{
    Serial.begin(115200);
    pinMode(LED_BUILTIN, OUTPUT);

    // Set WiFi to station mode and disconnect from an AP if it was previously connected
    WiFi.mode(WIFI_STA);
    WiFi.disconnect();
    delay(100);

    Serial.println("Setup done");
}

void loop()
{
    digitalWrite(LED_BUILTIN, LOW);
    delay(2000);
    digitalWrite(LED_BUILTIN, HIGH);
    Serial.println("scan start");

    // WiFi.scanNetworks will return the number of networks found
    int n = WiFi.scanNetworks();
    Serial.println("scan done");
    if (n == 0) {
        Serial.println("no networks found");
    } else {
        Serial.print(n);
        Serial.println(" networks found");
        for (int i = 0; i < n; ++i) {
            // Print SSID and RSSI for each network found
            Serial.print(i + 1);
            Serial.print(": Wireless Network (");
            Serial.print(WiFi.RSSI(i));
            Serial.print(")");
            Serial.println((WiFi.encryptionType(i) == WIFI_AUTH_OPEN)?" ":"*");
            delay(10);
        }
    }
    Serial.println("");

    // Wait a bit before scanning again
    delay(3000);
}
Video of BlinkWiFiScan on the ESP-WROOM-32 Development Kit

Assembling the HUB75 Blaster

The HackerBox 65 instructable does an excellent job of explaining how to assemble the HUB75 Blaster. The HUB75 Blaster is a board to interface The ESP32 with an RTC/DataLogger Shield and a LED matrix. Because of the good instructions, I won’t go into details on the Blaster’s assembly. I will, however, highlight a couple of decisions I made that differ from the instructions.

The SMD capacitor that goes on the board almost sounds optional in the instructions. I, however, find it to be pretty helpful with the ESP32. True, I usually don’t have problems with timeouts programming the ESP32. But when I have, it has been a pain in the arse. This tiny capacitor is there to help prevent that. Anything that will contain a considerable headache later is well worth the time now.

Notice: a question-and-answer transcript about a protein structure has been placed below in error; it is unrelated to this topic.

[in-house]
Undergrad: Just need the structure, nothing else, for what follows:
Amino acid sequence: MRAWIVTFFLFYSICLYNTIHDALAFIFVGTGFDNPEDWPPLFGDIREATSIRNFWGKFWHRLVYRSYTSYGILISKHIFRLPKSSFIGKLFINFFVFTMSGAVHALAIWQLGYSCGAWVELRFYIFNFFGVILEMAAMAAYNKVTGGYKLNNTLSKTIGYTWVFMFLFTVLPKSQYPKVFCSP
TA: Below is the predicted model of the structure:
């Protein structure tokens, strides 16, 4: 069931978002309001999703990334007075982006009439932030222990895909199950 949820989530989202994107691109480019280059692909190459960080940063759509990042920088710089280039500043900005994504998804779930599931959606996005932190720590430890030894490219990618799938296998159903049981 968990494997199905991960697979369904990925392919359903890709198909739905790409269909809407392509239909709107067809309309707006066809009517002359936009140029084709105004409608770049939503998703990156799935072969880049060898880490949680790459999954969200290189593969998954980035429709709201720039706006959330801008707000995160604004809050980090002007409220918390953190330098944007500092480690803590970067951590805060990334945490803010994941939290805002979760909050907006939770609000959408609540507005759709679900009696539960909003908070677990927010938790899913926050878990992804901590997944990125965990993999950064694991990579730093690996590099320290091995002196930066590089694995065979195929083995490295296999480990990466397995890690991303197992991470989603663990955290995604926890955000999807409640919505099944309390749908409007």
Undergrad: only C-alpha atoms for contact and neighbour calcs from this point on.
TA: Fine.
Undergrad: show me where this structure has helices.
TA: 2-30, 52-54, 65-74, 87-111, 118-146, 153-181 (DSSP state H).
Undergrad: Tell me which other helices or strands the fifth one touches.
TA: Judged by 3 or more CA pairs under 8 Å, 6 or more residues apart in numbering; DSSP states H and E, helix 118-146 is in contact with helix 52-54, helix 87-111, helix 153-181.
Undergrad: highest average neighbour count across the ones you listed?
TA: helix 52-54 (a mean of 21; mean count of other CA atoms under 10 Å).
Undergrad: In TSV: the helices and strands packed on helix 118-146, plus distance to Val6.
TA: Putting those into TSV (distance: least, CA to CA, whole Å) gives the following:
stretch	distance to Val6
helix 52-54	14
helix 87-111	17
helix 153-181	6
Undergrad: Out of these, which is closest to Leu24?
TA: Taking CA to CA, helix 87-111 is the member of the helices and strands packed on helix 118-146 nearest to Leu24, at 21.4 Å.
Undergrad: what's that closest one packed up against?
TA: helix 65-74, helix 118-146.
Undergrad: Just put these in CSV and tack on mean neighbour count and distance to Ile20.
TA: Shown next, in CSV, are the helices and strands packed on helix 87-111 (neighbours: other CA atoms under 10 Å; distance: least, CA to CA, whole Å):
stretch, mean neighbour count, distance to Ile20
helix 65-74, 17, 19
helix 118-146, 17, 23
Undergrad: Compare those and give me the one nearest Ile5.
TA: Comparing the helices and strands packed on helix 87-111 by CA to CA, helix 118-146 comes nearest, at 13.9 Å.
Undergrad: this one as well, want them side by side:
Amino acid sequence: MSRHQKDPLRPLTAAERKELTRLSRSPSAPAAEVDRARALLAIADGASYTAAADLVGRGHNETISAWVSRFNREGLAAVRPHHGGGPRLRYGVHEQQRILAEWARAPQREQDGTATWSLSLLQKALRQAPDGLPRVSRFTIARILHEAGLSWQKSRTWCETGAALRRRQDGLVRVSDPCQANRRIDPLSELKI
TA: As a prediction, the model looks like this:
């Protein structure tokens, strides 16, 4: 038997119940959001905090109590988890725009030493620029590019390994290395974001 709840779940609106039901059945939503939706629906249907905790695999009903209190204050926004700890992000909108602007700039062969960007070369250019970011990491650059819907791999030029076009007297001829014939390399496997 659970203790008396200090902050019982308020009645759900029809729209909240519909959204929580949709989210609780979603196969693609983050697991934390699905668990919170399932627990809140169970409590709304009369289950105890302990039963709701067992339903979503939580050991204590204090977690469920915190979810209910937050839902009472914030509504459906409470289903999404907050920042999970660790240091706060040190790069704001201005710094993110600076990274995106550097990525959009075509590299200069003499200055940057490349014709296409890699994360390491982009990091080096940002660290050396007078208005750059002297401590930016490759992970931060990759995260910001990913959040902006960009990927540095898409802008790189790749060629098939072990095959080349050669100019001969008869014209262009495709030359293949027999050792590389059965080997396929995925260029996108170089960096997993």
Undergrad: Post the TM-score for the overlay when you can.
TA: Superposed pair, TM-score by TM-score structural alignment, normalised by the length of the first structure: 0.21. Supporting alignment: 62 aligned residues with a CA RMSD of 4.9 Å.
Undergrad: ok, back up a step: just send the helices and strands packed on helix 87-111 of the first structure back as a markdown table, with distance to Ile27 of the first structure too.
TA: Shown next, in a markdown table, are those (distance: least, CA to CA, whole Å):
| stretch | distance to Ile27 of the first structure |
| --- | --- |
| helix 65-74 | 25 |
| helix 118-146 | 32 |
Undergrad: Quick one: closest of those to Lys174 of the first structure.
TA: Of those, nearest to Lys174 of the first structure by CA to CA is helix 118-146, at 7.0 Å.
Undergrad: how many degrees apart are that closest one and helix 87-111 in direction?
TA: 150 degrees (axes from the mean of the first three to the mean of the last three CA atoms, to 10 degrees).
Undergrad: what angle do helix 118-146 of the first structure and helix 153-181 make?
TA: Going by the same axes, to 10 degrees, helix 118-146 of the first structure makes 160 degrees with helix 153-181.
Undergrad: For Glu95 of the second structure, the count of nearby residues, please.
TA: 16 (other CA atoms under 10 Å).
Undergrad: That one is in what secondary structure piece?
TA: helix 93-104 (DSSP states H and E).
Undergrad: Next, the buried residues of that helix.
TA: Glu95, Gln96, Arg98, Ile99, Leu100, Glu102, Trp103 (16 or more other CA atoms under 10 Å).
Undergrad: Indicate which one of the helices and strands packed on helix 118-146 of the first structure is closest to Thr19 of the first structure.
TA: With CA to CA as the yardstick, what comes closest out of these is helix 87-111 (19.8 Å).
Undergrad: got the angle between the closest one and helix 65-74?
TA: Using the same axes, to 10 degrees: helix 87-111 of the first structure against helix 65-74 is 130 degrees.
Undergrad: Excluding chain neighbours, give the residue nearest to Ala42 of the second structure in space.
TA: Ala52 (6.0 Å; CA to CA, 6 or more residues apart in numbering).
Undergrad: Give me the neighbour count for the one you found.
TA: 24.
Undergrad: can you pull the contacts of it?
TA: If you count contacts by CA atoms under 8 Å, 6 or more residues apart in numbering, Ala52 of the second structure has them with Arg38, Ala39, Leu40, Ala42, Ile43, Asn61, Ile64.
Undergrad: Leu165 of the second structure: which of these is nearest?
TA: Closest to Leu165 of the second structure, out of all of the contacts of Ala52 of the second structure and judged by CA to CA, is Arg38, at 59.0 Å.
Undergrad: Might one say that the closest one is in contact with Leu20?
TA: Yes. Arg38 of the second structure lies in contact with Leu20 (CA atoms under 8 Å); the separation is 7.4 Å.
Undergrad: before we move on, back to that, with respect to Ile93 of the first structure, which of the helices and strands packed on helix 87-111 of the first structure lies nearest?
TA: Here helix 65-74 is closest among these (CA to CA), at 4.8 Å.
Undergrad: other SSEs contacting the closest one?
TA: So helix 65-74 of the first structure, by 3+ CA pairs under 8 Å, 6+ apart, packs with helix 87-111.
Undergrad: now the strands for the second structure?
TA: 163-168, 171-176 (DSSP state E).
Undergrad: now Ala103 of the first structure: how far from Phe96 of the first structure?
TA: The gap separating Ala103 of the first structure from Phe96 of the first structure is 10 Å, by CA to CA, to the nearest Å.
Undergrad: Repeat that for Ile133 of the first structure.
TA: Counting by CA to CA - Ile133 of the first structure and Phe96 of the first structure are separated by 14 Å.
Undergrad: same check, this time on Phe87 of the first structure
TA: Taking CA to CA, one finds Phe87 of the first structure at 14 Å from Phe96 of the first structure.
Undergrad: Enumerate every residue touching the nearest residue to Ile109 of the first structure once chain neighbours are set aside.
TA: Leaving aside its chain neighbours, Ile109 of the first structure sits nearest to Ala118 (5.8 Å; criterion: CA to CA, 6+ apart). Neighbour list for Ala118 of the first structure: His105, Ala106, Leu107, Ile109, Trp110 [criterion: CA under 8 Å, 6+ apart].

For the ESP32 module, I chose to solder directly to the board; I decided to solder the RTC Data Logger Shield into headers. I did this for two reasons. Doing this offsets the two boards, making it easier to access the microSD card slot. Second, I might want to use the RTC module in another project if I do something with the HUB75 that doesn’t require an RTC or microSD card. I have plenty of ESP32 boards, so leaving this one soldered to control the LED matrix was a no-brainer to me.

To power the HUB75, I chose to use a cable I had sitting around my desk (possibly from a previous HackerBox). This cable has a red and white wire. Both wires had a fork connection on one end. The other end of both wires goes into a DC jack. I then use a 5VDC/2.5A wall wort to power the HUB75.

Programming the Kit

I put an old 8GB microSD card in the shield. Before using it, I did format it using SDFormatter. I could write and read from the card with no problems using the code from the instructable.